Let’s face it — for all the centuries that cats have been domesticated, they still remain enigmas. We find ourselves still puzzled by the question, “how do cats think?”
This post will offer some suggestions and ask some questions, as Lucinda the literate cat and her CCL (Cantankerous Cat Lady) give their views on the question. Let’s see what they have to say.
CCL: I have long been bothered by information that tells us a cat’s intelligence is equivalent to that of a toddler. Perhaps in some ways, as a cat tends to keep life much simpler than we humans do. However, I see too many examples of things a cat does that a toddler would never know how to do.
Lucinda: I’m so glad you realize that, CCL, as we can certainly outperform a toddler in many ways. We may not have what you call opposable thumbs, but we come equipped with the tools we need to survive.
CCL: In the past, many people viewed cats as low-maintenance pets who don’t require much of our time. This belief can be very harmful or unfair to the cat, who does not share its feelings in the same way as a dog.
When you do not pay attention to your cat, the cat will respond in kind. He will become an observer, on the outskirts of your world. However, the cat may feel lonely and yearn for more love and attention. I’ve noticed that when we pay attention to our cats, they may become more attentive and loving in return, and may respond to you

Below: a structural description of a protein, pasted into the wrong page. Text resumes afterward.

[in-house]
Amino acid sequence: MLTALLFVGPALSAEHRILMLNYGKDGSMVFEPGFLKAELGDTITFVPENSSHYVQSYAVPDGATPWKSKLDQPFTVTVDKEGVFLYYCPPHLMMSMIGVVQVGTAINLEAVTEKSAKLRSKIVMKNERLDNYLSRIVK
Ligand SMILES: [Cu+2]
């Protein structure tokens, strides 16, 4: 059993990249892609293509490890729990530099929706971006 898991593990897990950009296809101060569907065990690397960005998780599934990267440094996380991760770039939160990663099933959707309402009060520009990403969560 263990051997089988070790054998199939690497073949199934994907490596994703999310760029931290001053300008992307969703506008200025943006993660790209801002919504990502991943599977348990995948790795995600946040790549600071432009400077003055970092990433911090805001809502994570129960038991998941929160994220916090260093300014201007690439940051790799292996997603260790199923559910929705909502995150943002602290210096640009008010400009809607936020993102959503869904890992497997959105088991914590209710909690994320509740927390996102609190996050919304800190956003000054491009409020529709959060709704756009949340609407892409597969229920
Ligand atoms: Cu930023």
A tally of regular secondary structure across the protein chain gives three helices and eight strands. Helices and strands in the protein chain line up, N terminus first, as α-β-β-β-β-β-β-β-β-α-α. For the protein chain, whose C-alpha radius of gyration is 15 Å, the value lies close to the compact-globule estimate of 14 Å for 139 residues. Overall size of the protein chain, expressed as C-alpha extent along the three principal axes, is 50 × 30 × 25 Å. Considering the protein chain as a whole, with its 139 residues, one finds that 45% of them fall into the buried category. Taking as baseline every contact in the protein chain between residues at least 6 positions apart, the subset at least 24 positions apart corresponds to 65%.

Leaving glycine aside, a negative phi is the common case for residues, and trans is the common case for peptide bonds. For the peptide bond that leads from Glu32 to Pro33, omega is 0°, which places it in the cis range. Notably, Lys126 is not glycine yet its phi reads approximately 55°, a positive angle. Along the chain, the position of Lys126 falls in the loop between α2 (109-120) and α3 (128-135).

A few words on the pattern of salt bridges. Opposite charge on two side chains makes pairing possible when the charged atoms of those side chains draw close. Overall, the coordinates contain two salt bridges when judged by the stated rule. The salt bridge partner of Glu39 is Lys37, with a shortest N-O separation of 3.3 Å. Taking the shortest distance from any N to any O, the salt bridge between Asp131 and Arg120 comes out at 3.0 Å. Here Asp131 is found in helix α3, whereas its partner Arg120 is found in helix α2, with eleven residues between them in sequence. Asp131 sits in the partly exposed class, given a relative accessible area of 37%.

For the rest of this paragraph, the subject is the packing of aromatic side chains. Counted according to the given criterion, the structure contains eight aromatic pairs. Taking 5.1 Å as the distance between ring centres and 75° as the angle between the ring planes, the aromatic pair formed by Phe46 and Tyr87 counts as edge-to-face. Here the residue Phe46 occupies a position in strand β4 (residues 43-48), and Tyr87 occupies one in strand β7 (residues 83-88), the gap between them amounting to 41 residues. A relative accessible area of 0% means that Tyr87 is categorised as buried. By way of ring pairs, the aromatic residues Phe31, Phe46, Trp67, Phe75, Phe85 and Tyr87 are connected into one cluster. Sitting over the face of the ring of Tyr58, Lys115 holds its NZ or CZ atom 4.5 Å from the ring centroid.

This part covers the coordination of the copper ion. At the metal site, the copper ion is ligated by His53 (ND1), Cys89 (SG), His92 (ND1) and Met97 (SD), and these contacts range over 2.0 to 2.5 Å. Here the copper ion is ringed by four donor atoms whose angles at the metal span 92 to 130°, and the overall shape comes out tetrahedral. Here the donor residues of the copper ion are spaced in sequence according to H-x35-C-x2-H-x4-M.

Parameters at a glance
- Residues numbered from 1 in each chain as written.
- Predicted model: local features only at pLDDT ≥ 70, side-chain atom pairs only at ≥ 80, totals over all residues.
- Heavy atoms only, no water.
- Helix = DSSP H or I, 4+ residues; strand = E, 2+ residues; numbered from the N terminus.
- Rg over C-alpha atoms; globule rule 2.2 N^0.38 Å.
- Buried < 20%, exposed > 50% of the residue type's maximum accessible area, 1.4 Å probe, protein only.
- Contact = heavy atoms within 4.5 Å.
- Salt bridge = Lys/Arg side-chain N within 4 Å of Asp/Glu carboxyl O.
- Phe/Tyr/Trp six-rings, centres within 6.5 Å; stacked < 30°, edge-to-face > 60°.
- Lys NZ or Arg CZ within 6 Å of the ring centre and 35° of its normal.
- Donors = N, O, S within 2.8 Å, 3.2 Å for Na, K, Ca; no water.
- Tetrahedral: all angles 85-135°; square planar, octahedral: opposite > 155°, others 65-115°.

in a more positive way.
Pogo can furnish a good case in point when it comes to the difference in an animal who receives attention and one who does not. When I first brought him home from the shelter, his fear sent him under the bed much of the time. It took me two weeks to convince him to sleep on the bed, not under it.
As time has gone by, and friends come to visit and they meet the cat, he’s started to lose some of that fear. He will actually come up to the new person, give him/her rubs, and ask for attention.
Just showing him that I want to include him and introducing him to visitors has done a great deal to change his behavior. Now he’s more outgoing and more willing to accept strangers. Time and loving attention make the difference.
Lucinda: You speak truth. We remain aloof if we feel you do not wish to interact with us. If you give us attention regularly — talk to us, play with us, pet us, share with us, you are much more apt to find us responsive and interested.
CCL: It is great to regard the cat as one of the family, but we must remember that it has a life of its own and desires of its own that may differ from ours.
A couple things to remember about your furry family members: If you do something that upsets the cat, he will not plot ways to get even. He behaves in a certain way to produce a certain result, and not as retaliation for an imagined wrong.
Also, cats do not feel guilt. If you punish your cat because he pees on the floor, all you succeed in doing is frightening him. He reads your anger, but does not understand the reason for the anger. For whatever reason, the cat felt that the floor furnished the ideal place to pee.